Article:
Nonprofit organizations, like their for-profit counterparts, are aware of the need for search engine marketing to boost their online visibility. Nonprofits, which include trade associations and nongovernmental organizations as well as educational, public interest and religious groups, have information they wish to share with the public.
But as their budgets often are quite limited, many nonprofits are choosing SEM as a major part of their overall marketing and public relations. The search campaign therefore becomes more than a technical, Web site-based exercise. Properly conducted, it can give the nonprofit client strategic feedback regarding its goals, audience and message.
For most nonprofits, search engine marketing should begin with defining online goals. To provide the most useful service, an SEM consultant needs to ask many basic questions, including:
· Does your organization know what audience(s) it aims to reach?
• Is one Web site sufficient to communicate effectively with members, consumers and the scientific or political communities?
· Is your goal to inform and influence through content alone, or are there useful products to give or sell to site visitors?
More than with for-profit clients, search engine marketing consultants should be willing to go beyond simple coding and site submissions. Wide-ranging discussions about campaign goals, identifying and targeting the correct online audience and the means to measure progress toward reaching that audience are standard with nonprofit clients.
When the consultant takes the role of an interested outsider – learning the internal and external images of the nonprofit, its role and message(s) – the knowledge can benefit the organization as well as the campaign. For some clients, the positive effect on the organization is a welcome adjunct to increased site traffic.
Decision-making authority often is diffused in nonprofits, and the marketing director may be responsible to several stakeholders. The foundational task of assembling a keyword-phrase list can be the catalyst for stakeholders to work together with the search engine marketing provider to define their message and intended audience.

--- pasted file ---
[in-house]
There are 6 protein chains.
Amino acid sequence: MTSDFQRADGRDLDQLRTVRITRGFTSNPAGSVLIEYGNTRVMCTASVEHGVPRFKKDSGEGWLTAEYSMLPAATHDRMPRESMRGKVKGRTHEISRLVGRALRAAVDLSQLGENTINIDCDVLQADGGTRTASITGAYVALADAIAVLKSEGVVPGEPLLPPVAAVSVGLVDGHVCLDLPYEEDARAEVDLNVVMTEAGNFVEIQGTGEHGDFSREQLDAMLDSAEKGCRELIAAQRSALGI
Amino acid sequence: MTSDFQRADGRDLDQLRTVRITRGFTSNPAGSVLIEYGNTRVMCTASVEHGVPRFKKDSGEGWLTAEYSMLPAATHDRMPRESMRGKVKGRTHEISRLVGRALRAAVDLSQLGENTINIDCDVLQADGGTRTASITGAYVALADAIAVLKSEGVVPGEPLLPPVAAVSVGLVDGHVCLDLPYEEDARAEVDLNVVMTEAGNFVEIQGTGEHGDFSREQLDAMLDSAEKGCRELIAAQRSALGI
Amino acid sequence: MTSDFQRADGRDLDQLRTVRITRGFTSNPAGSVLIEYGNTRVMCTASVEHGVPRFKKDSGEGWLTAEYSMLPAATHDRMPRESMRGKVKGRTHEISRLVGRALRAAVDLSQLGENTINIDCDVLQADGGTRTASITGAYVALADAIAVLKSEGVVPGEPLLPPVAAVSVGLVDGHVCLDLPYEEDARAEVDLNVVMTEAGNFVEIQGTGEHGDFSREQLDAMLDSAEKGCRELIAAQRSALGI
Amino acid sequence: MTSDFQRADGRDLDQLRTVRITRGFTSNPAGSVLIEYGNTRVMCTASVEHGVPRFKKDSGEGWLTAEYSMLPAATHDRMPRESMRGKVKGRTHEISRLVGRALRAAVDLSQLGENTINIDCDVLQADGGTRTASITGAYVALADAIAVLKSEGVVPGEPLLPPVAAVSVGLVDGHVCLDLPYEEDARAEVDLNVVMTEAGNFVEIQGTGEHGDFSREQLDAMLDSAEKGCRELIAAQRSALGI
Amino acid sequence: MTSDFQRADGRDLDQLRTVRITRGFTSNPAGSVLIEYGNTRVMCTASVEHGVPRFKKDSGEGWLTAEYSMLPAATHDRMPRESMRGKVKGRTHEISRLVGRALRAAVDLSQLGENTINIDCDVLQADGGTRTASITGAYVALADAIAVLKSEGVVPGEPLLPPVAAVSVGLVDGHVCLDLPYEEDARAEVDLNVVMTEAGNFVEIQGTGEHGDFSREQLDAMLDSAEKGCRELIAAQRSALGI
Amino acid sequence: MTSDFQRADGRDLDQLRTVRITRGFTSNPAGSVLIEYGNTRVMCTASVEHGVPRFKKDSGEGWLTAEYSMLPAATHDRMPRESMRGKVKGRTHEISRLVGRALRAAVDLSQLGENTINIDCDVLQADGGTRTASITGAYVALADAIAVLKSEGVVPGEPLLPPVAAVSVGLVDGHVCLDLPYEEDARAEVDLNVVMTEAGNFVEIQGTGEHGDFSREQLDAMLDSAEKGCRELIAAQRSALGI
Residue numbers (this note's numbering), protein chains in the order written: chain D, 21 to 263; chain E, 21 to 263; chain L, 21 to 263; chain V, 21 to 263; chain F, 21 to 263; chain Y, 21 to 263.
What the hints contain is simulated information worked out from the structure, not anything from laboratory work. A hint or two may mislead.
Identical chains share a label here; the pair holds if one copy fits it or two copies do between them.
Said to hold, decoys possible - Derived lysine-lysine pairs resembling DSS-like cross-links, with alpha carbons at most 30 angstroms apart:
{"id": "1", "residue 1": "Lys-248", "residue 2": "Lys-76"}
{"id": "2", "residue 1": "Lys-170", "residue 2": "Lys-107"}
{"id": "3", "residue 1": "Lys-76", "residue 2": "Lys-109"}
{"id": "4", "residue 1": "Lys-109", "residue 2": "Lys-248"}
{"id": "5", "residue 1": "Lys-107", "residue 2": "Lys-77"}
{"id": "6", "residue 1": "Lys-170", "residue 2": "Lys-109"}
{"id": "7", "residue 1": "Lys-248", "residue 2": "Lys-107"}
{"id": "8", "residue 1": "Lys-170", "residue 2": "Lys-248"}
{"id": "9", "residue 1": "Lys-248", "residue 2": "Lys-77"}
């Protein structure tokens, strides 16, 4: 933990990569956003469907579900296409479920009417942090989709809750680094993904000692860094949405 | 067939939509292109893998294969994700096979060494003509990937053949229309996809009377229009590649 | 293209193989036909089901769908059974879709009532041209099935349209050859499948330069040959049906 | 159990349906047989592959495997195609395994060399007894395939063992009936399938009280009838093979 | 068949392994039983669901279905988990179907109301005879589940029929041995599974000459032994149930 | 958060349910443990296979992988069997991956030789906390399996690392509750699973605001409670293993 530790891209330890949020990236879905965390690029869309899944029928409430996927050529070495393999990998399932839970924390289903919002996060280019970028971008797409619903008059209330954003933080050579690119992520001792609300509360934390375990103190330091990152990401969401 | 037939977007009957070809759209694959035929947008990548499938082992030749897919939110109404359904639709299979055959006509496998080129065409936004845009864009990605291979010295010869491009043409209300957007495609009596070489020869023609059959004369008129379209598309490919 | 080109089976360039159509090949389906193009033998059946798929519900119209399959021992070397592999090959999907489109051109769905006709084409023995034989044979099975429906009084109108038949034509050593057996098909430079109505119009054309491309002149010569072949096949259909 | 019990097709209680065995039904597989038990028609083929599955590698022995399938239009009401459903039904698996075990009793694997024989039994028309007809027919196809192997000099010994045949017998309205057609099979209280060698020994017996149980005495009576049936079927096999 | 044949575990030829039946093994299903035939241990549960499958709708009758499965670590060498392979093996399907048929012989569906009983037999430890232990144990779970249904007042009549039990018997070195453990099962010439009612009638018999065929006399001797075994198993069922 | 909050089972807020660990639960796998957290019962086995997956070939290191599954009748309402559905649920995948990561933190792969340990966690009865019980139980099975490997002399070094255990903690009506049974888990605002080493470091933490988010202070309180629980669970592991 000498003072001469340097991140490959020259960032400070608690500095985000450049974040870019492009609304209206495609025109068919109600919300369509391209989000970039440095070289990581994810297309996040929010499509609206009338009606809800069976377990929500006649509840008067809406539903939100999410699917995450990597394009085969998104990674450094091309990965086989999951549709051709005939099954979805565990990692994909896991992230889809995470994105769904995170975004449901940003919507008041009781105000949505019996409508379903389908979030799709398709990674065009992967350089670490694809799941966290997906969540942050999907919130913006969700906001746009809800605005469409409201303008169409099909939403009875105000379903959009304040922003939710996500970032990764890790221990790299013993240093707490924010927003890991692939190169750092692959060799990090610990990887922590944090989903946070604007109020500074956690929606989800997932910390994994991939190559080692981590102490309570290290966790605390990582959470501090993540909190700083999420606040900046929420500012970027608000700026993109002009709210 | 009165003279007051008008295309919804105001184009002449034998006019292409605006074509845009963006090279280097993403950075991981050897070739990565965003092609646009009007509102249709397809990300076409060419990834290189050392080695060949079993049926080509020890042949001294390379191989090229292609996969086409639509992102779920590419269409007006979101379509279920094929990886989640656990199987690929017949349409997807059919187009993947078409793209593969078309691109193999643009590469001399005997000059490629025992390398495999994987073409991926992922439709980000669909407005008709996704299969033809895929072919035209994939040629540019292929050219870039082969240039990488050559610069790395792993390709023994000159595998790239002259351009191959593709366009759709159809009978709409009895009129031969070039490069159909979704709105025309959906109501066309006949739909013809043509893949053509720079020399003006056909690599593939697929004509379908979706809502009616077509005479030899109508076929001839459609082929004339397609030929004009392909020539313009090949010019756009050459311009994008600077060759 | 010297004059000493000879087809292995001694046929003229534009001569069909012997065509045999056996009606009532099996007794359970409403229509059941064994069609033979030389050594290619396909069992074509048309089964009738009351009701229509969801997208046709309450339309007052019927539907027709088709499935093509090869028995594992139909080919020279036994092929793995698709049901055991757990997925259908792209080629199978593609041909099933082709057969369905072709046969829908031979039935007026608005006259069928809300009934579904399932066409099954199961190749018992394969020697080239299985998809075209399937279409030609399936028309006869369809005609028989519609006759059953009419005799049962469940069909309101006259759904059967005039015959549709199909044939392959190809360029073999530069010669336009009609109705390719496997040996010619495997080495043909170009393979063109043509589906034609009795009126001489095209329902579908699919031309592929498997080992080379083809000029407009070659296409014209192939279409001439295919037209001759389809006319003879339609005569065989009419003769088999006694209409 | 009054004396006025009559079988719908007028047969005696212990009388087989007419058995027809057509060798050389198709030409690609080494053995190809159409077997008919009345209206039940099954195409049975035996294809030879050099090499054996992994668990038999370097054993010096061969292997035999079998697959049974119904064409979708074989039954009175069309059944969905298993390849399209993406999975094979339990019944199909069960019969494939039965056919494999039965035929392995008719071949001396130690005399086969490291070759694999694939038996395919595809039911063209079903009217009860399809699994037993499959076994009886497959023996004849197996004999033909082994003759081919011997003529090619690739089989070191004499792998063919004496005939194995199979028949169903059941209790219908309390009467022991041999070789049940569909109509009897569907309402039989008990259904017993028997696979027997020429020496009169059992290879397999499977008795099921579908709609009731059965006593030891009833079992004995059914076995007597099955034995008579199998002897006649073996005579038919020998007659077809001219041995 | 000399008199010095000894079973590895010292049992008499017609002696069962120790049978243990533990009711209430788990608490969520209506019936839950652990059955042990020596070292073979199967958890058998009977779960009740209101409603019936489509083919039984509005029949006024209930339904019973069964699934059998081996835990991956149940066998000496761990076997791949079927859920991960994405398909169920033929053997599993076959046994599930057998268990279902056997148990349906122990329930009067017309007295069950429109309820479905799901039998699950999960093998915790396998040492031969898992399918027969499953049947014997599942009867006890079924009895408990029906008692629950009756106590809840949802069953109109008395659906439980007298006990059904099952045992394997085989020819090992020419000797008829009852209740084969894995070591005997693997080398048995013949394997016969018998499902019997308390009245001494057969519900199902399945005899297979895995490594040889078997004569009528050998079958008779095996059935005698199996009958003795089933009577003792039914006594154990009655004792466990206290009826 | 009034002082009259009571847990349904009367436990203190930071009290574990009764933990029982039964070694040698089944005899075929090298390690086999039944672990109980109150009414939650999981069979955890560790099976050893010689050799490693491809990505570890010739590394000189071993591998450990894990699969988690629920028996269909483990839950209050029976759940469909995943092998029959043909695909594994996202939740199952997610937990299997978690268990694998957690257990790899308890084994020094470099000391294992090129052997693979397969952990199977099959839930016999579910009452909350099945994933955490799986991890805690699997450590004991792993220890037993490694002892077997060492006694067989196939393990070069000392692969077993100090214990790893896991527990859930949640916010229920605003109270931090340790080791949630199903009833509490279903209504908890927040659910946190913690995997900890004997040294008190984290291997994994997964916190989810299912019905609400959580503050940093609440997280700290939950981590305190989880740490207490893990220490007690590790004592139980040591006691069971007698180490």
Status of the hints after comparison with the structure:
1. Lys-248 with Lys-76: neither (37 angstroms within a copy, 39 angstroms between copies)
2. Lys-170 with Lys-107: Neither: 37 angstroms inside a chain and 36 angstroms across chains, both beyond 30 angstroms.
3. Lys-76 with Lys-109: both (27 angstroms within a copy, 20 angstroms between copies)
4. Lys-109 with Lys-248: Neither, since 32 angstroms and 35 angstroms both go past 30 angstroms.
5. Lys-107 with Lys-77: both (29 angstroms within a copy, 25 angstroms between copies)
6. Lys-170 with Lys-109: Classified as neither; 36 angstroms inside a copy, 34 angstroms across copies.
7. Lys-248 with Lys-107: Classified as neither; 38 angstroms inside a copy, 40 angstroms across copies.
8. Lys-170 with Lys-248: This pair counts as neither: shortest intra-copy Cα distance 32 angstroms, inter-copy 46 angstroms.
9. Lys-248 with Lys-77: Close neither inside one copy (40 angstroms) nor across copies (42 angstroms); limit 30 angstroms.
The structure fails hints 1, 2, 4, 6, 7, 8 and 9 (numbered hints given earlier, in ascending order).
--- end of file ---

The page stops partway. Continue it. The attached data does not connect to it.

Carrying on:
The consultant needs to explain the importance of a targeted keyword list to the success of the campaign. Then he must accept the internally generated list of organization buzzwords and nomenclature, complement it with phrases that consumers and other target audience members use in real-life searches and produce a merged list that is acceptable to the client and useful as a foundation for the technical side of the campaign. Once this process is completed, most remaining tasks follow the same course as a typical SEM campaign.
Case study: The Vinyl Institute
The Vinyl Institute, a trade organization, asked NSI Partners
to restore traffic to its site at www.vinylby design.com that had been lost through conversion to a different site architecture.
NSI recommended certain navigational improvements to allow search engines better access to the entire site. We also developed a comprehensive keyword list and edited site-page headlines, content and tags to include important phrases. Submitting the site to vertical-industry directories and adding a targeted paid-search campaign rounded out the project.
Within 12 months, monthly visitor traffic increased 304 percent and visitors referred from search engines increased 741 percent. Six months later, visitor totals had increased 439 percent and search engine referrals 1,956 percent.
For more articles from The Direct Marketer’s Essential Guide to Search Engine Marketing, visit //www.dmnews.com/cgi-bin/artcategory.cgi?category_id=22
A PDF of the guide is available at: //www.dmnews.com/pdffiles/semguide.pdf